• Materials desirable to collectors and the antiquarian book trade 
  • Censored or banned books 
  • Materials on controversial subjects may be considered if they are believed to be at risk of theft or mutilation (e.g., Nazi publications, materials on non-traditional religions, etc.) 
  1. Materials that are difficult or expensive to replace. 

  • Items known to be scarce. Scarcity may be judged by the number of holdings on OCLC (fewer than 200 holdings on OCLC will be considered scarce) and/or availability in the used/rare book market 
  • Costly acquisitions, such as facsimile editions of illuminated manuscripts or art reproductions 
  • First editions or limited editions (not including book club editions) of books which are of literary, historic, or cultural significance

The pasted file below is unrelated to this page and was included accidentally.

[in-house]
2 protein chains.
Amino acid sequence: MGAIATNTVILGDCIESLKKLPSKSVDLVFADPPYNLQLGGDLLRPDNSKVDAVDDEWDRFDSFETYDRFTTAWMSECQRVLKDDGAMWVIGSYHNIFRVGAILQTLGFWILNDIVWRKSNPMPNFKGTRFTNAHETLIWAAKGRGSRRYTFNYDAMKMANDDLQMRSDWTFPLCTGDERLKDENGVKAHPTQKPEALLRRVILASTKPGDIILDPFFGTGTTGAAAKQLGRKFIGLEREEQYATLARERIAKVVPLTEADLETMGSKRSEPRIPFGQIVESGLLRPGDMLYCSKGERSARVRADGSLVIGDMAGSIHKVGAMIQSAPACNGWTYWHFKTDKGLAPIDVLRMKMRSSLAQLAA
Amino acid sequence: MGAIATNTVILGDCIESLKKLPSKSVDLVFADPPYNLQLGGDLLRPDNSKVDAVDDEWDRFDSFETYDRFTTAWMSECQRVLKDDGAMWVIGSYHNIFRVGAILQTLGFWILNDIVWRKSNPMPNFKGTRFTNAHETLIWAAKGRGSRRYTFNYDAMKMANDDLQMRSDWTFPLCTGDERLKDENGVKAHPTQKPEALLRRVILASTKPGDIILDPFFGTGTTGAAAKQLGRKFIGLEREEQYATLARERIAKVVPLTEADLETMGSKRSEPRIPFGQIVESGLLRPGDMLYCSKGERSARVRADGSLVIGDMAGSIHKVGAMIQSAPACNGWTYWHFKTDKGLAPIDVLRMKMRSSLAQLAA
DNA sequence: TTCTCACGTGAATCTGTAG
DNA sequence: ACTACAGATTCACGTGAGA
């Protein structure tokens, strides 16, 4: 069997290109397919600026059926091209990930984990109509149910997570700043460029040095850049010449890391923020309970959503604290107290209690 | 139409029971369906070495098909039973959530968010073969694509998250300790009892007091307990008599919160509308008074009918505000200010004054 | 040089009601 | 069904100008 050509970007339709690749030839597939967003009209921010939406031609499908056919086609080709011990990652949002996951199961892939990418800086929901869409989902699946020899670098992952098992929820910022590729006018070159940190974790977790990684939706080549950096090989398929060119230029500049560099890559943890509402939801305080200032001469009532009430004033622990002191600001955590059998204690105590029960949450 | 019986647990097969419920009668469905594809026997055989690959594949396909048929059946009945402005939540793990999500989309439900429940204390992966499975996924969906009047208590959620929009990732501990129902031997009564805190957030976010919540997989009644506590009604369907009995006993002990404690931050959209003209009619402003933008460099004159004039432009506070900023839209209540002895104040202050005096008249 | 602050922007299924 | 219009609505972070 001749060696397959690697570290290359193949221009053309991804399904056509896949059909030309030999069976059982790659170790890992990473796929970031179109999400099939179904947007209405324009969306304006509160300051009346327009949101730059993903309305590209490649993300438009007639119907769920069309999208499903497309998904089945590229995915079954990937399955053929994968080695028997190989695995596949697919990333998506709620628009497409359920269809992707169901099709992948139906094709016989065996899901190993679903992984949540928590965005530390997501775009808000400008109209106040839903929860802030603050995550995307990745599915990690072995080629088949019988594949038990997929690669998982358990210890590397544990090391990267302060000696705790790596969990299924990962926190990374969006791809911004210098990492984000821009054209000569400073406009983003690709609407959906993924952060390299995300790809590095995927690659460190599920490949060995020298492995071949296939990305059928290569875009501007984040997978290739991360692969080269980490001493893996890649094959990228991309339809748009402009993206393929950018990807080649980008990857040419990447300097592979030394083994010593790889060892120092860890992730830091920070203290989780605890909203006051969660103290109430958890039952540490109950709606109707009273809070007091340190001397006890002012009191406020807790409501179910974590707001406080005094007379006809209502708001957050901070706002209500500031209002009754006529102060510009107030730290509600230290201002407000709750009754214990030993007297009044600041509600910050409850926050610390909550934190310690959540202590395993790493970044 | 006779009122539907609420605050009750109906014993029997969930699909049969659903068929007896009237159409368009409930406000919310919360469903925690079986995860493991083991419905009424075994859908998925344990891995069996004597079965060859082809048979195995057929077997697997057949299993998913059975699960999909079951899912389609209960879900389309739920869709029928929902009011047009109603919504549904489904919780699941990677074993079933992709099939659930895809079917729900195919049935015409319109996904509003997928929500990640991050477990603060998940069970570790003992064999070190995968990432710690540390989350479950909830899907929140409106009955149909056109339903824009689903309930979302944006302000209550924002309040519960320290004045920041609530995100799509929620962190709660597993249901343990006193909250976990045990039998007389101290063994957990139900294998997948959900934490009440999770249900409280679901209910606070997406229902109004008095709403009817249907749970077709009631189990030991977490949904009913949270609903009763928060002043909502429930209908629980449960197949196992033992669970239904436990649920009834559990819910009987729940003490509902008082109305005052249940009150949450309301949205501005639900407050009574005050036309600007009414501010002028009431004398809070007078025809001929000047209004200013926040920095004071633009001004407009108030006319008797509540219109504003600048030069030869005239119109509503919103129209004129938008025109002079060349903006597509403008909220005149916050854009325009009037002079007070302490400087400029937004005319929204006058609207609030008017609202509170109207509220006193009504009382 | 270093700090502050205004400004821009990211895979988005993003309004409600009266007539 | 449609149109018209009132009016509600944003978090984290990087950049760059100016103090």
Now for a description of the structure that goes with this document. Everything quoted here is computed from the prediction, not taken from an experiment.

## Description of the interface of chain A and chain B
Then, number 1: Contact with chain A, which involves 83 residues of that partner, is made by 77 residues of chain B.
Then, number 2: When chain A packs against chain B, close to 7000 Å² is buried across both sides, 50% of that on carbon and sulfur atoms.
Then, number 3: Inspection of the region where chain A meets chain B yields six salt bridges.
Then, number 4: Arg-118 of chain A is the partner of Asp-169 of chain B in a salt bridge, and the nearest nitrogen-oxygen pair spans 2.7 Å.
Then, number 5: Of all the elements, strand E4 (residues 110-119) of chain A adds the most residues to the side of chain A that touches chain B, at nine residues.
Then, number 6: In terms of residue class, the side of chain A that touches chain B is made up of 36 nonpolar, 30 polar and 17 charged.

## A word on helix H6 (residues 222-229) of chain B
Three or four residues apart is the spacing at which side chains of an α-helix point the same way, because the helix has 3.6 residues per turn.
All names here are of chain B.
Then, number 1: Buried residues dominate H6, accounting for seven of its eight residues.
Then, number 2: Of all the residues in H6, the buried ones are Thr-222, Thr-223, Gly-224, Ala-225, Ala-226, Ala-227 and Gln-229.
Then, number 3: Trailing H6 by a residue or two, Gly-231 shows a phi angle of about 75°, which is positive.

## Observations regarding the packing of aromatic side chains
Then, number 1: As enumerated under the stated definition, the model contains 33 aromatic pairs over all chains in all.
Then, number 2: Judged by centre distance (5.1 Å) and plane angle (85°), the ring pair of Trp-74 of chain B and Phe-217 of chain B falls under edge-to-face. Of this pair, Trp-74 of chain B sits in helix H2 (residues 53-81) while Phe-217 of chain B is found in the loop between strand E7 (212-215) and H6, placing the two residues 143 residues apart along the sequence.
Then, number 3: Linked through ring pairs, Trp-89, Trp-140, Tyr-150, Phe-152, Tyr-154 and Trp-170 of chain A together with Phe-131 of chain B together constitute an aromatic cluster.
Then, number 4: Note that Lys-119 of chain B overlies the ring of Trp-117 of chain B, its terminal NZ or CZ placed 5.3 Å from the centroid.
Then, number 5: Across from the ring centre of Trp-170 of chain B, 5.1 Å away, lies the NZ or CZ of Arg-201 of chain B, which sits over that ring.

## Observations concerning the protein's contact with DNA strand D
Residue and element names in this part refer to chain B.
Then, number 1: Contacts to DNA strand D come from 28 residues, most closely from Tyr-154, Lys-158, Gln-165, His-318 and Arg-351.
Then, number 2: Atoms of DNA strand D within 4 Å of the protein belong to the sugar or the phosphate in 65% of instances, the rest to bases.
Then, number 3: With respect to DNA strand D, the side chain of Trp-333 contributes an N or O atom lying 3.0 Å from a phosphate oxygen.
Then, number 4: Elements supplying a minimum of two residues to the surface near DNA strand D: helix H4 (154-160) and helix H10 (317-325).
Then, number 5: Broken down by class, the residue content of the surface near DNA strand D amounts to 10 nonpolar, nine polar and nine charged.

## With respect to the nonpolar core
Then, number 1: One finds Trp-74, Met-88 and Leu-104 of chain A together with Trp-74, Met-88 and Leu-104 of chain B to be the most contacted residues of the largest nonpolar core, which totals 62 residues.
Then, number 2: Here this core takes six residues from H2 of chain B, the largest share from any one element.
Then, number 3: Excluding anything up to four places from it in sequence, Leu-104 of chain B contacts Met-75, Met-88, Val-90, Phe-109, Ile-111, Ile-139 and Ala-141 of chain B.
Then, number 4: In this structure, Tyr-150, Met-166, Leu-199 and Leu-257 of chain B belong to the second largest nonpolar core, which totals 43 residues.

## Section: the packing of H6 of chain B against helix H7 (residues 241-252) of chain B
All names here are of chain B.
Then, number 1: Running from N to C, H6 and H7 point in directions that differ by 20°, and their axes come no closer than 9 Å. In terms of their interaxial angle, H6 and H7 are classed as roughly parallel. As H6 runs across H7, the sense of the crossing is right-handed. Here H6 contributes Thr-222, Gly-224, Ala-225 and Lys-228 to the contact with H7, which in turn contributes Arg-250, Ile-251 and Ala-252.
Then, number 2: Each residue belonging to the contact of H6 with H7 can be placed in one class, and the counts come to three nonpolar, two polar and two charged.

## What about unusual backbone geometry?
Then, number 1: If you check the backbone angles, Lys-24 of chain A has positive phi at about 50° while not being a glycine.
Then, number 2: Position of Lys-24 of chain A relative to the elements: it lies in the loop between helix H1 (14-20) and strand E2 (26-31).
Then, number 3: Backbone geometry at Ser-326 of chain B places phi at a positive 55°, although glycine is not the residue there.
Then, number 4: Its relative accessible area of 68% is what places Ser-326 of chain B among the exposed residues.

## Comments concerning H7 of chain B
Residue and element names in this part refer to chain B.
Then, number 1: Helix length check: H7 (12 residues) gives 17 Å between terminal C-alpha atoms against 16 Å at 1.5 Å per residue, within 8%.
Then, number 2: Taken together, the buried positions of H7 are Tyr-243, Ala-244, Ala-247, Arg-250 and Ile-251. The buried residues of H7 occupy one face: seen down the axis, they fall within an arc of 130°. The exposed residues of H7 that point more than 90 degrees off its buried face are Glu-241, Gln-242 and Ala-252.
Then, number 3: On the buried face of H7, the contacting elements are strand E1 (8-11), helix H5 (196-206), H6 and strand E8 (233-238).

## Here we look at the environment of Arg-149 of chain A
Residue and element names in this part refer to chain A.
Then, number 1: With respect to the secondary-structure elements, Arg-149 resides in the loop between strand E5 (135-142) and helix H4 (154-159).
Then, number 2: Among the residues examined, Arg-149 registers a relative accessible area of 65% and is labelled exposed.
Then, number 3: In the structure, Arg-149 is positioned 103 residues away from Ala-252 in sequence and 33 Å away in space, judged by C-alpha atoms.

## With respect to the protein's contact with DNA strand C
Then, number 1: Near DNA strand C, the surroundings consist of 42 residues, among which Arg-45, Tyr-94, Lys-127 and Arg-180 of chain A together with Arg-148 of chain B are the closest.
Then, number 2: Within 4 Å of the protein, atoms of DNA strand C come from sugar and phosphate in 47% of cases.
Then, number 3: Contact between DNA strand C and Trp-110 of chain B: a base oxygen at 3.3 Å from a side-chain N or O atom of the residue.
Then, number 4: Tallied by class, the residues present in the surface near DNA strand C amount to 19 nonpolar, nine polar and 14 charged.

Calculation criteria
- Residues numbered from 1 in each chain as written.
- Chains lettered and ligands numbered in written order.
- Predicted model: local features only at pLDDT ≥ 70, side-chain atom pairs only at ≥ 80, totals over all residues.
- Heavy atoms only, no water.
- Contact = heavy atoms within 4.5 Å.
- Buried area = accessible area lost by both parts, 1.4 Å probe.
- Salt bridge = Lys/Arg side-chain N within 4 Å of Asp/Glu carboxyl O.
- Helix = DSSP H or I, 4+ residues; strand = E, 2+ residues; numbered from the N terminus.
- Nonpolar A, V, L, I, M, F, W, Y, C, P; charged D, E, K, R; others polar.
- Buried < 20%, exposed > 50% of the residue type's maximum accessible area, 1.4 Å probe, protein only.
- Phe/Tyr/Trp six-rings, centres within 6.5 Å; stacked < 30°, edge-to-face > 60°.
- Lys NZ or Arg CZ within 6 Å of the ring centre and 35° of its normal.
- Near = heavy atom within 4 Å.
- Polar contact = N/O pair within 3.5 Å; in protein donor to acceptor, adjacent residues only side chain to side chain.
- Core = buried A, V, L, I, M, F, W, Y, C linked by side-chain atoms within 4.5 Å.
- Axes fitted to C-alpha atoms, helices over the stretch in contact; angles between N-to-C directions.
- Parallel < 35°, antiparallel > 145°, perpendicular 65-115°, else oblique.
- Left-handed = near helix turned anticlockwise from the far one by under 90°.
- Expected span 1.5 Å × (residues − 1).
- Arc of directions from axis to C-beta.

• Items that would be prohibitively expensive to replace 
  1. Condition (19th and 20th century books): 

  • Books that are badly worn, repaired, or rebound are not automatically rare. Consider scarcity, authorship, and other qualities 
  • Retain dust jackets if possible 
  • Fragile or brittle books that are difficult to replace may be moved to the Rare Books collection 
  1. Other Considerations: 

  • Early important works in a field of study 


The Charles C. Sherrod Library will accept gifts of books and other materials that support the curriculum and research needs of ETSU. All gifts become the property of the library and may be retained or discarded in accordance with the needs of the library. The library will NOT accept materials on loan, or with conditions of retention, location, or access. Gift materials must be in good physical condition, clean, and unmarked.